AD: Inspiration: 1980s New York artists Keith Haring or Jean-Michel Basquait
This portrait was a bit of a struggle. In an attempt to aim for a decent visible likeness, the stylistic inspiration became a secondary aspect of the image for me. I decided that I would use Keith Haring as inspiration for decorative elements, taking some iconography from one of Neneh's early music videos.
The likeness is there in some ways, but there are elements I need to work on. Namely the hair, which could have more volume and the mouth; which is quite large and the teeth need some work. The portrait and decorative elements are totally compartmentalised and I think an effective response to the brief would be to marry the two together. That would enable me to rearrange the portrait to fill the space.
Editorial 9: 'Anger' P: Therapy Today D: 17/10
AD: Inspiration: Christoph Niemann, Paul Blow.
This brief was interesting in that it required both a cover and interior illustration(s), something I was confident I could tackle, but left myself a bit short of time by prioritising editorial 10 over this for a couple of days. The article deals with the subject of anger, somewhat lengthy, it discuss the importance of addressing the emotion, the effects it has on mental; spiritual, physical and social health, as well as behavioral therapies and other methods of treatment.
Such a weighty article held many concepts and I found it difficult to run with any one in particular. So much so that the concepts became a focus of the brief for me that I didn't consider if there was cohesion between my different illustrations. If I want to use any of this brief as a portfolio piece, I will need to go back to the illustrations and run with a common style and materials.
Cover: A play on a statistic found within the article; 1 in 10 people have trouble controlling their anger. I had initially intended on producing a more detailed image, with the man in the centre 'blowing his lid.' With the upper section of his head launching away, propelled by steam. Running short of time and energy, I decided to simplify the image after making initial head shapes. Thinking of a recent train-induced study of children's picture books, I thought of Leo Leonni and his simple torn-paper story Little Blue and Little Yellow.
Comments in feedback noted that the cover is visually striking, but some elements communicate poorly. For example, the shirts and ties were communicating fang-like shapes. I could address this issue by giving the figures more form, separating the suit jackets from the background by using a darker or lighter shade for either.
Interior: The larger image is a mixture of several concepts, looking into the effects that anger has on health and personality; as well as a play on the phrase 'blood is boiling.' I imagined the arteries billowing with steam as the blood bubbles away. To further highlight that concept, I decided there should be some kind of warning mechanism on a panel of some sort, coming up with a pump-like device. That illustration didn't seem as if it would have enough body on it's own, so I decided to sit it in front of the lungs and throat like a textbook drawing.
I would have liked to have carried on the water colours, which I used on this image to try and move away from the heavily digital work that I had been doing. As it was a costly process in terms of time, when it came to filling out the rest of the template I moved to creating a digital image.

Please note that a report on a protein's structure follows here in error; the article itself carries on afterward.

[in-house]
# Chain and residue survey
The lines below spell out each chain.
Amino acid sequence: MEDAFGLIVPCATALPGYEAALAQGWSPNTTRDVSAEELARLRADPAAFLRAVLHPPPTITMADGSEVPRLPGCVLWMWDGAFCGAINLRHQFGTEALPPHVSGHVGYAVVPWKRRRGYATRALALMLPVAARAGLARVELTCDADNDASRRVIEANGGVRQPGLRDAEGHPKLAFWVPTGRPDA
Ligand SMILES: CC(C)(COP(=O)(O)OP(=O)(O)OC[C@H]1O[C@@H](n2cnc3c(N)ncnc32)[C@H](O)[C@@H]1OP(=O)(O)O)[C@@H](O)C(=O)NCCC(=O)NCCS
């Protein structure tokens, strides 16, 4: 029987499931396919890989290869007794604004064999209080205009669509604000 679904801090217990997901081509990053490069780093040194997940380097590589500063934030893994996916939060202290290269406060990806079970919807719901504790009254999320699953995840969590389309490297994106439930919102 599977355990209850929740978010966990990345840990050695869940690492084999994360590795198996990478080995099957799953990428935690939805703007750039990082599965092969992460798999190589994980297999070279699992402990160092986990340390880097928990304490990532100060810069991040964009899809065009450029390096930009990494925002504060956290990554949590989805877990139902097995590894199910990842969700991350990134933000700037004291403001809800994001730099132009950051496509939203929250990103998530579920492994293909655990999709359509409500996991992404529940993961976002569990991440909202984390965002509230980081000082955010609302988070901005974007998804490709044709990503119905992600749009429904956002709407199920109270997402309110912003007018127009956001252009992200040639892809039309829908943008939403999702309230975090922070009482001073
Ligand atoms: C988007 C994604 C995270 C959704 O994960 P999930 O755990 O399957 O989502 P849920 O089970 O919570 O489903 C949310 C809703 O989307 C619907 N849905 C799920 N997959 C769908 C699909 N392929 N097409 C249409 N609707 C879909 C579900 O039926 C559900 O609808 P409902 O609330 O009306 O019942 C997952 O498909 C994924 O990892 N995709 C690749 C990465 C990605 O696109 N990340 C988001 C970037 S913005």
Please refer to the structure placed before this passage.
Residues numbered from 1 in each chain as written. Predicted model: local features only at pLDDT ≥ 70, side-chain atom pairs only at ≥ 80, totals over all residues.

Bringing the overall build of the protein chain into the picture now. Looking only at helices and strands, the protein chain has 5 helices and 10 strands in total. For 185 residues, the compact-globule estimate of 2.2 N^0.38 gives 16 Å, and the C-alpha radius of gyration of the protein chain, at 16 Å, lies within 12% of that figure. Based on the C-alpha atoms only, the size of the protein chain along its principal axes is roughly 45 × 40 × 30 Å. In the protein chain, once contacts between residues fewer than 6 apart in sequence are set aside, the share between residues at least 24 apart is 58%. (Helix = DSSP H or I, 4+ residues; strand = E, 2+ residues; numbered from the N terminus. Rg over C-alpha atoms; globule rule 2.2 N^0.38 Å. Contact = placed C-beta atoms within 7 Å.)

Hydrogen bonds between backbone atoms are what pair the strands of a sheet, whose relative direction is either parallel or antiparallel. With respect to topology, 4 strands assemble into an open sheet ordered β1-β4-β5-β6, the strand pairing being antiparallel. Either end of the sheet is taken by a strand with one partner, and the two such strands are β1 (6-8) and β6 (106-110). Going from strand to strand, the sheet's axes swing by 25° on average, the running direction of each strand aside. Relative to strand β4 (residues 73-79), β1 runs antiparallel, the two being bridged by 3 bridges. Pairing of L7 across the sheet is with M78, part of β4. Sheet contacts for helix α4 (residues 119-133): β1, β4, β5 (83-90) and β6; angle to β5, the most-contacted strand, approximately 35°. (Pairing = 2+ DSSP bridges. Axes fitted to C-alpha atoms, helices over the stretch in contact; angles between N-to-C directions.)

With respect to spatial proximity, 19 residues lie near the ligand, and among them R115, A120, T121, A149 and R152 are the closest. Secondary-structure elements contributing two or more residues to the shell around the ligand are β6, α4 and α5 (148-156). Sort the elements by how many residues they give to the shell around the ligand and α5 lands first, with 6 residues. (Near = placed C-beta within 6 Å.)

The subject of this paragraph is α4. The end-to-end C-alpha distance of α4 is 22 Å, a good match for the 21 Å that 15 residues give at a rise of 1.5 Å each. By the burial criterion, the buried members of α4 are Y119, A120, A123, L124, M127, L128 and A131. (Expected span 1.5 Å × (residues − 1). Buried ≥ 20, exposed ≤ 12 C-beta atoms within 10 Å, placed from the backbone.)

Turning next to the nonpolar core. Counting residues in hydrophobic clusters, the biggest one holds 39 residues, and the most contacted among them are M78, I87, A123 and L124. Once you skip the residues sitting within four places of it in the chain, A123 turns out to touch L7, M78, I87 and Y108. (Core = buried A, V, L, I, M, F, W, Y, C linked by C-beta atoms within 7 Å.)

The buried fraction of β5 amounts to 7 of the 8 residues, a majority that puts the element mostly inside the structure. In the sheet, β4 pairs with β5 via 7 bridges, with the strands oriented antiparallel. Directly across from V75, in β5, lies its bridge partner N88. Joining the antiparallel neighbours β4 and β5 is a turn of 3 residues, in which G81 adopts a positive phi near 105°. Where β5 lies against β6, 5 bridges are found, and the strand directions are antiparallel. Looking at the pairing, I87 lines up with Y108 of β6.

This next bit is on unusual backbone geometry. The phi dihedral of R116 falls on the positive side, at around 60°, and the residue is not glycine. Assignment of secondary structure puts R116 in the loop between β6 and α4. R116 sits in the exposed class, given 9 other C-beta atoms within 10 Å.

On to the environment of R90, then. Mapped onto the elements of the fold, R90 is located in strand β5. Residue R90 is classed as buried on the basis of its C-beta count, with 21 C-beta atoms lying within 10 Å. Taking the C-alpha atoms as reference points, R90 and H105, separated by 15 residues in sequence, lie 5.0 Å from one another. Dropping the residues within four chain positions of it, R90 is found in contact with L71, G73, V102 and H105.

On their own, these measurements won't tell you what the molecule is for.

This second image was to highlight the regret, worry and negative emotions that come after an outburst of rage. The sketch was under-developed, but I ran with it and tried to use a relationship between colour and limited colour palette to evoke the work of Paul Blow.
This is probably where the cohesion of style between the two images matters the most and will be where I focus my amendments.
Editorial 10: 'Sage Concern' P: The Guardian Weekend D: 20/10
AD: Source your own article, produce a photoshop template and illustrate as you wish.
I'm a foody at heart, there's no denying it. Much to the disdain of my girlfriend, I love to watch cooking/baking/food shows if they're on. So when I flipped through The Guardian Weekend and saw this article, I settled on it quite quickly. It's part of a series by TV chef Hugh Fernley-Whittingstall, which looks at a particular herb; it's origins, uses and lists a couple of recipes which feature it to. This particular article focuses on sage.
Thinking about the beautiful illustrations of Emma Dibben, I went with my desire to work with water colour. The main image of this double page spread was a lovely big photo, of the recipe discussed to the right of the article. I didn't want to replicate that though, as there us a bulk of text which describes various food stuffs which commonly feature the herb; a few of which were quite peculiar/I had never come across before and felt intrigued to visualise.
My main issue for this editorial was time. I finished it over the weekend, but didn't have access to a scanner, so had to scan and re-size the individual paintings the morning of the hand-in. I thought I had given myself plenty of time, but of course the scanner didn't want to play ball for a good 20 minutes.
However, now with adequate time there are plenty of amendments I can make. Most glaringly is the need to adjust the images so that the white of the water colour paper is the same as the pure background white. I should probably pay more attention to the scale of the different foodstuffs in relationship to each other as well as standardise the size of the text. The illustrations fill the space well, but I could probably have a bit of a fiddle to try and minimise the white space separating them.
The second illustration is a caricature of sorts, replacing a photograph of Hugh. I need to edit the levels of the pencil layer on top of the water colours, perhaps even replacing it with pen, so that it is clearer to see. I will also consider drawing some sort of background pattern or implementing a plain background.